The judges concluded a hearing into the question early Monday afternoon, and were expected to announce their decision soon.

Knox spent four years in jail before an appellate court overturned her murder conviction in the 2007 death of Meredith Kercher. She returned to the United States in 2011. Prosecutors say that despite the appellate decision, they still believe Knox and her former boyfriend, Raffaele Sollecito, are responsible for the death.

Prosecution plans to appeal Knox case
Knox's ex: We're like brother, sister
2012: Knox's life as a free woman
Knox: It's 'like everything isn't real'

"We are still convinced that they are the co-authors of Meredith's homicide," Italian news agency ANSA quoted Perugia, Italy, prosecutor Giovanni Galati as saying.

Knox, who is not in Italy for the hearing, is confident in the Italian legal system and hopes one day to return to Italy as a free woman, her lawyer, Luciano Ghirga, said Monday.

If the acquittal is overturned, the case will go back to an appellate court and Knox might have to return to Italy. If she refuses, the Italian government could appeal to the U.S. government for her extradition.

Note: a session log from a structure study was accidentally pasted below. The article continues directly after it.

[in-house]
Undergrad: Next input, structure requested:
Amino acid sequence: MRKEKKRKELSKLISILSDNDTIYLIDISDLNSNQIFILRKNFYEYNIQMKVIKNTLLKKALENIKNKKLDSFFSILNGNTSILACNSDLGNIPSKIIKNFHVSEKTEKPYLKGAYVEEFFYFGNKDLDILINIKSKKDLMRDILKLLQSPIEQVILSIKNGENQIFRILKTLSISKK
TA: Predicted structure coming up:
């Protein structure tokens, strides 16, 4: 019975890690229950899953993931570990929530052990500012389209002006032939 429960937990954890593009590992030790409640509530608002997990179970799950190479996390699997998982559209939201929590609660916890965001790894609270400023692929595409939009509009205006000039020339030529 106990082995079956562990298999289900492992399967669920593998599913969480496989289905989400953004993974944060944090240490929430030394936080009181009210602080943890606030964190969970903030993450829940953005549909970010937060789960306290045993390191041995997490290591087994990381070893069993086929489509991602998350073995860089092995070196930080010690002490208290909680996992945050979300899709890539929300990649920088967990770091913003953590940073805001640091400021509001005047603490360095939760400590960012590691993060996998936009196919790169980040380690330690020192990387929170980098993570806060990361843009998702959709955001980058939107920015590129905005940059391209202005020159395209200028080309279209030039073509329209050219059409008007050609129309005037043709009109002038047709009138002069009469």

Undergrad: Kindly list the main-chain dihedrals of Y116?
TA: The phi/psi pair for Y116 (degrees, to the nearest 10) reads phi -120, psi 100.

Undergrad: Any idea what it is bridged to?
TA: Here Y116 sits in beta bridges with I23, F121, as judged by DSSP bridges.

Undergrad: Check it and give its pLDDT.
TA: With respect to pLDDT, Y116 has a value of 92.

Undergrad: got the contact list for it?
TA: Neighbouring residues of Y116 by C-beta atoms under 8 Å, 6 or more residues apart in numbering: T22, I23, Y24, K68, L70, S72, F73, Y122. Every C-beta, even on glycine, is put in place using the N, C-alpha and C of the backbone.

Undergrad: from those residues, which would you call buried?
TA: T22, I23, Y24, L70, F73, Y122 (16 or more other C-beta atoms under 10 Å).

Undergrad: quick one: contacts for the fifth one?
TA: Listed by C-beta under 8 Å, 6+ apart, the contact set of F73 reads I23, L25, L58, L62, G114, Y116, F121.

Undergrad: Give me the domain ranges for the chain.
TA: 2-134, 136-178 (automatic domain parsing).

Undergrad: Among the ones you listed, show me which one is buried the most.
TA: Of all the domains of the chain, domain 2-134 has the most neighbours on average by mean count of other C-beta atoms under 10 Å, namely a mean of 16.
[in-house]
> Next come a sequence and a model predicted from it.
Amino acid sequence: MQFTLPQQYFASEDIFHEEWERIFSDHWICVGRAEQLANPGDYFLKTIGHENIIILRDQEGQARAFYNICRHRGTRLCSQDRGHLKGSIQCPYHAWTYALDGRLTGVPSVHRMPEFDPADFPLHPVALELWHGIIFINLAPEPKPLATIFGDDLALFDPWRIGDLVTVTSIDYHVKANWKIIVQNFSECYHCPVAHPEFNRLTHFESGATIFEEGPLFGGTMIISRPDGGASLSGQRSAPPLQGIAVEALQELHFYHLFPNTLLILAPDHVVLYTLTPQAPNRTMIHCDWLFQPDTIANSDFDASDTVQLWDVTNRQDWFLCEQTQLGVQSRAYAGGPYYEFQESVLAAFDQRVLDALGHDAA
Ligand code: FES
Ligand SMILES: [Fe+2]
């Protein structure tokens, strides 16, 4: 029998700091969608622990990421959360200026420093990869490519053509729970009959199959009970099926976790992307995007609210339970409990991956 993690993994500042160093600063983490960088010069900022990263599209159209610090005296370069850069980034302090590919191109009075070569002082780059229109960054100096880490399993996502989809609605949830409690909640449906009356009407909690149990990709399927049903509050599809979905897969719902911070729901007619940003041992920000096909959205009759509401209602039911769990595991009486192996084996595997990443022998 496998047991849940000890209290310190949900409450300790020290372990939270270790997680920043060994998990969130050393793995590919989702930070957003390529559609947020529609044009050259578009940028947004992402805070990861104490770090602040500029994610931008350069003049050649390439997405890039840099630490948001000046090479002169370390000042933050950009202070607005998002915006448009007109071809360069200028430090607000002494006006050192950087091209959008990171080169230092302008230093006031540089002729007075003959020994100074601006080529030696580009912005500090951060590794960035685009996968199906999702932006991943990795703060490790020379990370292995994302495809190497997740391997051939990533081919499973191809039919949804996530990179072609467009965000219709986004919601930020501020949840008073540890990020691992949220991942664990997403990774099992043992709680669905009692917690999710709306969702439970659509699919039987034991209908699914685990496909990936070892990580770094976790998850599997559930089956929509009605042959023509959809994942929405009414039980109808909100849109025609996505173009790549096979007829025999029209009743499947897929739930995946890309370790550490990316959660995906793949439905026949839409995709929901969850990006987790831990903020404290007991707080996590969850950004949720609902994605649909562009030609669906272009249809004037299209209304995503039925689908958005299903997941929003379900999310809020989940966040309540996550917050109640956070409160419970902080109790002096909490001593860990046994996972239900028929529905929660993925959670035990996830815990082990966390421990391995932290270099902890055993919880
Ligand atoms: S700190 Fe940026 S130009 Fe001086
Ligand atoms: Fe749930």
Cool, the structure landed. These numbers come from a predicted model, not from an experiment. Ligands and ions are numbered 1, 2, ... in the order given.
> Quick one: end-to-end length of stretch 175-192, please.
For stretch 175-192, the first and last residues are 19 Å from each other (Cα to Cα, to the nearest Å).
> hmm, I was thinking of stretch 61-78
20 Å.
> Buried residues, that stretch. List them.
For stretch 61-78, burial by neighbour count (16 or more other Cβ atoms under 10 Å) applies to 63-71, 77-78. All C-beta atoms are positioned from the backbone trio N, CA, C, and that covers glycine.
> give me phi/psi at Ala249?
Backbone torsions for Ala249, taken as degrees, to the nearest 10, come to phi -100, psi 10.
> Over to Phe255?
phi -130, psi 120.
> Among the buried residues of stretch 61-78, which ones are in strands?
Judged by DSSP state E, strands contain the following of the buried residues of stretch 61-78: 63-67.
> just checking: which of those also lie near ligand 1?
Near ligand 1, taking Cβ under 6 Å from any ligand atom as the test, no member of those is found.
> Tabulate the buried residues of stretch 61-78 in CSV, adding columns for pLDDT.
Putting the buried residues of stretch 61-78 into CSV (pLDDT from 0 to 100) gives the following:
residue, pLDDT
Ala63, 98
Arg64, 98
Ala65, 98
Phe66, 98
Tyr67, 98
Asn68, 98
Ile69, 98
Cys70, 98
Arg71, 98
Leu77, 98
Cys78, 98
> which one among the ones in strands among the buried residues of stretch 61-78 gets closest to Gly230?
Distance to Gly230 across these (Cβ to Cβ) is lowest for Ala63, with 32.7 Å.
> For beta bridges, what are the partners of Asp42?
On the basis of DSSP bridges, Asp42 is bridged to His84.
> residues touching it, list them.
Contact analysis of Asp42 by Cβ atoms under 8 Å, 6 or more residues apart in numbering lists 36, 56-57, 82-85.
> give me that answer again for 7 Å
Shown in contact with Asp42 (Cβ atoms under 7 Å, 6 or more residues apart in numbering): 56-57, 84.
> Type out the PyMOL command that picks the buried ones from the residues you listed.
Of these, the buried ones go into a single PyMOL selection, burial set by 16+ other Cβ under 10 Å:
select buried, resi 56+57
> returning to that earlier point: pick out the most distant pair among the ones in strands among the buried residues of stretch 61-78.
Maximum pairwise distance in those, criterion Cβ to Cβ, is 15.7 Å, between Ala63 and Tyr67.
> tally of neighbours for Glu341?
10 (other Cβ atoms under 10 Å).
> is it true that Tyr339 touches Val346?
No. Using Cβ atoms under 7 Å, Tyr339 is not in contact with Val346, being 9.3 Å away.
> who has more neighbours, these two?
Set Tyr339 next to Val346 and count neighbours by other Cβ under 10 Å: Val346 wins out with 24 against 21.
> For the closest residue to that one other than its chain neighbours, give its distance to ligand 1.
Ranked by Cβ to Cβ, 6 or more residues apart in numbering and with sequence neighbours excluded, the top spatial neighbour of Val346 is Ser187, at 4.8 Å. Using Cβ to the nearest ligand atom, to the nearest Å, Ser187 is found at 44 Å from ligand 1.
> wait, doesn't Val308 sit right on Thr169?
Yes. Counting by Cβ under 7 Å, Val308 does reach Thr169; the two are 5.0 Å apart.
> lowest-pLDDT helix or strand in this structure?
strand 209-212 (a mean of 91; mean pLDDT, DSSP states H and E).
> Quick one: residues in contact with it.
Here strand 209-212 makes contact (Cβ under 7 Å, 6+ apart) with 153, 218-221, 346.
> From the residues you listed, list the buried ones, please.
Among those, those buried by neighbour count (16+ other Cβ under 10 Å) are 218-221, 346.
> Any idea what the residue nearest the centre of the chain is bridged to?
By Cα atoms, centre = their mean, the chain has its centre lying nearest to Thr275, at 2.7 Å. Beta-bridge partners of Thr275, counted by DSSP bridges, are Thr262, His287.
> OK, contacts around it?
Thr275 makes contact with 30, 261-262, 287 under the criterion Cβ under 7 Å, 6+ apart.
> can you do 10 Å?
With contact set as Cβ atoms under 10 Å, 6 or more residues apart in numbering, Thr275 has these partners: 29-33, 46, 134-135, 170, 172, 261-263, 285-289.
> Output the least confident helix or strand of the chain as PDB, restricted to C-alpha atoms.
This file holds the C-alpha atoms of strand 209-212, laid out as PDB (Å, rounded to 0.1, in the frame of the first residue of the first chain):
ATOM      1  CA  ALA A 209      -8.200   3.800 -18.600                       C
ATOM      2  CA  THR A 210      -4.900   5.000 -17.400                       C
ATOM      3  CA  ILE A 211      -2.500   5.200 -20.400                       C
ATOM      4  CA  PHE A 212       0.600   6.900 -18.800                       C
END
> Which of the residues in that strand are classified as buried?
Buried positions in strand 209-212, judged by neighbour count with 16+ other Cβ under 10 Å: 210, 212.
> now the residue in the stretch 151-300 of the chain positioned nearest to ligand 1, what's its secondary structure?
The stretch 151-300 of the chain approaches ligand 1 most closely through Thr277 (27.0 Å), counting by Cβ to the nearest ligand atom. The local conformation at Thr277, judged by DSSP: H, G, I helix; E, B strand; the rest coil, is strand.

But even if it does, Knox still not might end up before an Italian court.

U.S. officials might reject such a request because it violates the U.S. legal principle that a criminal defendant can't be tried twice on the same allegation, said Joey Jackson, a contributor for HLN's "In Session."

Italy lacks the absolute prohibition present in U.S. law preventing authorities from retrying a criminal defendant who has been acquitted of a charge.

"We have principles that are well-founded within our Constitution, one of which is double jeopardy," he said. "So as a result of that, I think it would be highly objectionable for the United States to surrender someone to another country for which justice has already been administered and meted out. So I don't think or anticipate that that would happen."

2011: Amanda Knox judge explains murder acquittal